Roy D'Arcy

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Roy D'Arcy
Born Roy Francis Giusti
(1894-02-10)February 10, 1894
San Francisco, California, U.S.
Died November 15, 1969(1969-11-15) (aged 75)
Redlands, California

Roy D'Arcy (\February 10, 1894 – November 15, 1969) was an American film actor of the silent film and early sound period of the 1930s noted for his portrayal of flamboyant villains. He appeared in 50 different films between 1925 and 1939, such as The Temptress in 1926 with actresses such as Greta Garbo.[1]

Biography[edit]

Roy D'Arcy was born as Roy Francis Giusti in San Francisco but educated in Europe and studied painting in Paris. After several years of traveling and various business ventures in South America and Asia he returned to the United States and decided to become involved in the theater. He was hired as a singer in several touring theatrical companies. He spent some time in vaudeville as a monologist, and took his act to Europe and Asia.[citation needed]

D'Arcy was performing his show on a Los Angeles stage when he was spotted by director Erich von Stroheim, who thought D'Arcy was just right for the part of the villainous, arrogant Prince Mirko in The Merry Widow. Von Stroheim had wanted to play the part himself, but was forbidden from doing so by MGM production head Irving Thalberg.[citation needed] It was a troubled production - from which von Stroheim was fired, brought back, then fired again - but the film was a great critical and financial success, and D'Arcy received wide acclaim for his portrayal of the dissolute Mirko.[citation needed]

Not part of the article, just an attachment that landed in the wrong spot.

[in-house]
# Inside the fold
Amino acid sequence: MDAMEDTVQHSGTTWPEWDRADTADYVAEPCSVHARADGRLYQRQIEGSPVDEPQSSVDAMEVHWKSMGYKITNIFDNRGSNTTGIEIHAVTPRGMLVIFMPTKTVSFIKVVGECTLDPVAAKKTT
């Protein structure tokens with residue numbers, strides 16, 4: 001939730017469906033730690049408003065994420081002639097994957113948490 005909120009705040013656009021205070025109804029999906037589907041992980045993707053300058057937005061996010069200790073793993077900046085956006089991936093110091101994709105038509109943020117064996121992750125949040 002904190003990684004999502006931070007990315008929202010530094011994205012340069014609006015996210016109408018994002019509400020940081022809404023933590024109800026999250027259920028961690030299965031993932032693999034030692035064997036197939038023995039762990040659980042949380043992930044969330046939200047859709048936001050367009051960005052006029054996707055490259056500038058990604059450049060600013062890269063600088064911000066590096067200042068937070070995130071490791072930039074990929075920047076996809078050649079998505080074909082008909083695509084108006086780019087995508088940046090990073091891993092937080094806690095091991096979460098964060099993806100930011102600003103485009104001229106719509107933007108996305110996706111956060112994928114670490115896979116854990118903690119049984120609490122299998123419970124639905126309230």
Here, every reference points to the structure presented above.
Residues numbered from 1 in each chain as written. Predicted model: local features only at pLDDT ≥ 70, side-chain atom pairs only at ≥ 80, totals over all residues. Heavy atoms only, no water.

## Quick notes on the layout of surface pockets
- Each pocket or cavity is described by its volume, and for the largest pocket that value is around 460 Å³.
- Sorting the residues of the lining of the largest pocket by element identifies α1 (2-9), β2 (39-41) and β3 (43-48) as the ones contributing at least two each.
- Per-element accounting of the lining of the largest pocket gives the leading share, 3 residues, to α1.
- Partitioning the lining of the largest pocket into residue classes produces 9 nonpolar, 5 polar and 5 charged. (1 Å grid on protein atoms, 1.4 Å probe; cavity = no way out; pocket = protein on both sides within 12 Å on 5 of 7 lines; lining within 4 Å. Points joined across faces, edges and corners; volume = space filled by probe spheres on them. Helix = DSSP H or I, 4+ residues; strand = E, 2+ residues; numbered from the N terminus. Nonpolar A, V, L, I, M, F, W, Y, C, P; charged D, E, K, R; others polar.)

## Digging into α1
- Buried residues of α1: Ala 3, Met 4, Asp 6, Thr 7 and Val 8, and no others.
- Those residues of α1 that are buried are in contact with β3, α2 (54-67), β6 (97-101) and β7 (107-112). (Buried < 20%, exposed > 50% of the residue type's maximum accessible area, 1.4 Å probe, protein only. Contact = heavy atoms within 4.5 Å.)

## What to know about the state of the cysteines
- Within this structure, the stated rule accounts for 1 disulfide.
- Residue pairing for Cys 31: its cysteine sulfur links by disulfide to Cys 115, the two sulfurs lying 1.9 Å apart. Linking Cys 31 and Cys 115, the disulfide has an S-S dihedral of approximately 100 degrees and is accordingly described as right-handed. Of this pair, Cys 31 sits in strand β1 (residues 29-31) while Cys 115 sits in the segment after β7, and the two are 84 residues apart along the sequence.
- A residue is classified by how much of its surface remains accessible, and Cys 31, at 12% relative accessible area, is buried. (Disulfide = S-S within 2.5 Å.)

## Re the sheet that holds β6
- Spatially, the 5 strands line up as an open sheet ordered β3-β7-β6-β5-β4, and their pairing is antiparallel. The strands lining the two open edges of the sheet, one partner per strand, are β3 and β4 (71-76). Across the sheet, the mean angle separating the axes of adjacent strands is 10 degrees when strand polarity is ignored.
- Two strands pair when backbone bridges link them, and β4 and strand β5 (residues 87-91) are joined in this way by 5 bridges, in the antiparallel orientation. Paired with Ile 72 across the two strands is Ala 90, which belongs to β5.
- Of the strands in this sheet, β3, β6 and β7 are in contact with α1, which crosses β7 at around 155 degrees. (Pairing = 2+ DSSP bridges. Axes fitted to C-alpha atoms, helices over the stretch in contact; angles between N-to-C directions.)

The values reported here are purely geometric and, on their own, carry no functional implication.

With the success of film he was cast in several other MGM productions as the head villain, such as Beverly of Graustark (1925), La Bohème (1926) and The Temptress (1926) alongside Greta Garbo, but he soon appeared in such comedies as Adam and Evil (1927), Frisco Sally Levy (1927) and On Ze Boulevard (1927). He developed a revue he took to Broadway in 1928, called "The Greatest Array of Talent Ever Assembled on Any Bill in This Country", which consisted of singers, dancers, and D'Arcy himself walking out into the audience and telling stories of his travels around the world.[citation needed]

D'Arcy made the transition from silent film very well, and played a succession of foreigners, both villainous and otherwise, in films of the early 1930s.[citation needed] However, as acting styles changed because of the introduction of sound, D'Arcy's unique florid style went out of fashion, and in a few years he was reduced to doing small, low-budget pictures for lower independent studios, such as Broadway to Cheyenne (1932) for Monogram Pictures and Discarded Lovers (1932) for Tower Pictures. He did though have noted roles in a serial for Mascot Pictures Corporation, The Shadow of the Eagle (1932), starring a young John Wayne, and in his second serial, The Whispering Shadow (1933) with Bela Lugosi.[citation needed]

By the mid-1930s D'Arcy continued playing villainous roles in a number of low-budget productions including Revolt of the Zombies (1936), Captain Calamity (1936) and Under Strange Flags (1937). His final film was to be a major one, in the Ginger Rogers/Fred Astaire musical The Story of Vernon and Irene Castle in 1939 which received widespread acclaim.

Finishing his film career around the age of 45, D'Arcy retired to his own real estate business. He died in 1969 and was buried at Montecito Memorial Park in Colton, California.[2]

References[edit]

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